Living on a slope is not easy if you are a gardener. Irrigation, planting, and installation all become more difficult. The steeper the slope the more problematic the challenges. Fortunately, the busy clients who own this property have the means and mood to keep their “house on the hill” beautifully maintained and lush with a variety of gardens. This site is enchanted with a water garden including a frog pond, a contemporary English garden, conifer garden, sunny borders, a terraced vegetable garden, woodland paths, terraced walls, kitchen, reading and dining patios, deck, formal walkways with custom designed wrought iron railings, informal stepping-stone paths, windy small staircases, giant stone slab steps, a lacrosse field, and a variety exotic and classic plant combinations.
Drainage is always an issue on a slope. Water is either surging towards the house or eroding away the ground beneath. To solve this problem, terrace walls were constructed to retain the slope. The beautiful stone walls act as a backdrop for the terrace garden filled with peonies, roses, evergreen azaleas, and irises. With the slope retained, a large dining and entertaining patio, and in a later phase, a deck, was installed. The bluestone and brick paver patio is used for business entertaining, family dining, warming by the fire bowl, and as a viewing point for the terrace and upper gardens. Stone edges were softened with native Redbuds and by cascading hydrangeas and other draping perennials.
Although the previous owners had filled in the frog pond, we easily unearthed an intact concrete hole. The design added a waterfall to the existing pond requiring an intensive clearing of Japanese knotweed. Two frogs populated the pond within hours of filling it with water. We still don’t know how they heard about the “grand opening,” but the owner loves to sit on the newly stoned coping and watch the frogs hang out. Sasa veitchii, a 2′-5′ bamboo, graces one edge of the pond to direct visitors away from the deeper end of the pond and to invite them to sit around the shallow end. One side of the gentle slope is planted with a grove of birch trees and shade tolerant groundcovers Heuchera villosa, ‘Autumn Bride’, and Bleeding Hearts, along with ferns, mini-iris and other spring and fall bulbs. The other side is sprinkled with yellow and blue hosta varieties under-planted with a vigorous Lamiastrum galeobdolon for slope stabilization.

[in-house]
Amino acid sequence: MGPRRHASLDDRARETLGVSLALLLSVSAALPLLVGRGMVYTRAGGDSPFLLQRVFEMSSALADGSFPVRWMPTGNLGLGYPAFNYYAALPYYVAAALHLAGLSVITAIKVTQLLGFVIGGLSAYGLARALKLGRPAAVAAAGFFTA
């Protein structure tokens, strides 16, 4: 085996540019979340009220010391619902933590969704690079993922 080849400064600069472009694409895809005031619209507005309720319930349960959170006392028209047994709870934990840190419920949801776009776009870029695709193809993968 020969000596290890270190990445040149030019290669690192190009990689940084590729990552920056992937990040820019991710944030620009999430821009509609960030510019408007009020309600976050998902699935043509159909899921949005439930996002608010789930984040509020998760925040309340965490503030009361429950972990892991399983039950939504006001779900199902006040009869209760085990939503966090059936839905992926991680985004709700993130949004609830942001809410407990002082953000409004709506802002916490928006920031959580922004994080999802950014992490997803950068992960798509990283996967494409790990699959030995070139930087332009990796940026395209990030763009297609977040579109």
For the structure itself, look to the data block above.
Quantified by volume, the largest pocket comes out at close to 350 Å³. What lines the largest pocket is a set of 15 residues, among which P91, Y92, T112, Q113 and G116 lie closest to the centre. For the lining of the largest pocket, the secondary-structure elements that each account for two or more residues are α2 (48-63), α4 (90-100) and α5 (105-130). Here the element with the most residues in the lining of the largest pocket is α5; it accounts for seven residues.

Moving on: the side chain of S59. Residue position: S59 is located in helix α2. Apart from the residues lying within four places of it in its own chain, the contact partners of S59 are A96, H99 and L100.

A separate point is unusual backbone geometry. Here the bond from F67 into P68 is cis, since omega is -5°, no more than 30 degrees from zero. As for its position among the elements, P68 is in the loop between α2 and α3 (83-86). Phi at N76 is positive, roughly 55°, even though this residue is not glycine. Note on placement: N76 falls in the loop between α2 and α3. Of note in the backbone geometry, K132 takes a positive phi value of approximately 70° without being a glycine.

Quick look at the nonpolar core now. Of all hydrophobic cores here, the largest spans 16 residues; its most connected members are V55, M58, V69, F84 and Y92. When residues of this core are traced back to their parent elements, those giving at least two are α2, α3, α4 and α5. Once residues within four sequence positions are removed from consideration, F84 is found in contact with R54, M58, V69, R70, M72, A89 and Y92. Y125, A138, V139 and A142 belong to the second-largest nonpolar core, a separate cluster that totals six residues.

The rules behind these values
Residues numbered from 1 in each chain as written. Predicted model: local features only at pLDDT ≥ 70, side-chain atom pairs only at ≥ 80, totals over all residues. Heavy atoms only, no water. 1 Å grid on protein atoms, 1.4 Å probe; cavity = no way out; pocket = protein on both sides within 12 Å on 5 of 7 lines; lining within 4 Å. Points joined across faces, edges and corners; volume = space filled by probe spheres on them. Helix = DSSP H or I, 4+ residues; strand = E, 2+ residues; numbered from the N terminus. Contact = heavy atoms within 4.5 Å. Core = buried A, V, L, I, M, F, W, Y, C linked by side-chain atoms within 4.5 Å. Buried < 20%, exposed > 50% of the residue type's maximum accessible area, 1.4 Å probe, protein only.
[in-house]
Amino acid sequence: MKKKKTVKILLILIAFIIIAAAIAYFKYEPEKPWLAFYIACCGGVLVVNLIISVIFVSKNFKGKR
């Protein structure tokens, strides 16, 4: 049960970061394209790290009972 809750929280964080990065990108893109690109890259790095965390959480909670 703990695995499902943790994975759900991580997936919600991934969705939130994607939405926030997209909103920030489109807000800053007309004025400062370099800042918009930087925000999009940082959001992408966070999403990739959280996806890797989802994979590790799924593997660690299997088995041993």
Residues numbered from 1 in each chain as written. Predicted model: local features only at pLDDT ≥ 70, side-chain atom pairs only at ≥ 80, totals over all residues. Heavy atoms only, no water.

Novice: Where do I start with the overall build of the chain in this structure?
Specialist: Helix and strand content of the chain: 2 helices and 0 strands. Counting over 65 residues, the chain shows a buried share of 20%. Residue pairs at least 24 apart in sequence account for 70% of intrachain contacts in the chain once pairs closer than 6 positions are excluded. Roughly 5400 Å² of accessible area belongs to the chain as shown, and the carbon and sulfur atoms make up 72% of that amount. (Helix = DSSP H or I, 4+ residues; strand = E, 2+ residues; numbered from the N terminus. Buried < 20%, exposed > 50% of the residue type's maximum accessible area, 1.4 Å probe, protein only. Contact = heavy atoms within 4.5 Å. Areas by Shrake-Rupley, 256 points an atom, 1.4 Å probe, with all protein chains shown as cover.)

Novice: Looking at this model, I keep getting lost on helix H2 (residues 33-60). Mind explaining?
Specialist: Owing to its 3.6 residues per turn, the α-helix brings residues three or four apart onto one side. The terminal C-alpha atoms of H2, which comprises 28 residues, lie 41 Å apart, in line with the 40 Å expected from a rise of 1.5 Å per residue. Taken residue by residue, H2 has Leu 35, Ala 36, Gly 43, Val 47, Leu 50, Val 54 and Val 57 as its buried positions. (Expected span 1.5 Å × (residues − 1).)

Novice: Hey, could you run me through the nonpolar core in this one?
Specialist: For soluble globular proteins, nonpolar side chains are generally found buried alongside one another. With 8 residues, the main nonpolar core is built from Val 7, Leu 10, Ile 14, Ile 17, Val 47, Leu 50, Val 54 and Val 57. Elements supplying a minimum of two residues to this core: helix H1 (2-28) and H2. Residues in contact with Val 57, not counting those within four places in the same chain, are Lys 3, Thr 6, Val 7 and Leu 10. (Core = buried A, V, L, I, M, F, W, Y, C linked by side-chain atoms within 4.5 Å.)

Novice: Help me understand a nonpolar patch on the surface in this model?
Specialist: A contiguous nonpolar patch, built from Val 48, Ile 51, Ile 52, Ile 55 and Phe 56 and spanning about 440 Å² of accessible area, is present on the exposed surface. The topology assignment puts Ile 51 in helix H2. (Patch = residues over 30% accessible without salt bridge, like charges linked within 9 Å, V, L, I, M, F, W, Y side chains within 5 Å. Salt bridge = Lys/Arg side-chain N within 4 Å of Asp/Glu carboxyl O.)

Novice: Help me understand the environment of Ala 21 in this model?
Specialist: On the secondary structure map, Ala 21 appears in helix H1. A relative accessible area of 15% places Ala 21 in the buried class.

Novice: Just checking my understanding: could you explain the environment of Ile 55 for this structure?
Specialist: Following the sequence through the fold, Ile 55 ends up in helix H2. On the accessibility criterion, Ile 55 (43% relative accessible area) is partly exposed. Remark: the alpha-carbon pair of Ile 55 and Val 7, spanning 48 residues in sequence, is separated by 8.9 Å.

My philosophy supports replacing trees with lawn IF there is a distinct use for turf and if it will be used. My client has 1 1/2 acres of forested land and 3 lacrosse players who need to practice, so we cut down some trees. After the trees were removed, we screened the pie-shaped field from the street with a tall curved hedge of hydrangeas which bloom white in summer, change to pink in fall, and remain beige all winter. Cut them in spring and begin anew. Light conditions around the field now allow for sunny perennials to border one edge of the field and Eastern Redbuds, native viburnums, peony, roses and weeping grasses to trim the other. The upper woodland path (which lies below the field) is bordered by a gently curved stone wall on one side and azaleas, Oakleaf hydrangeas, rhododendrons, Solomon’s Seal, and ajuga on the other. Small stones found during the course of garden maintenance were placed along the path edge to create a sense of repose. Maggie, the resident Labrador retriever, loves to fetch her sticks from the woodland path to have them tossed over the field. It’s a perfect marriage of open field and wooded path.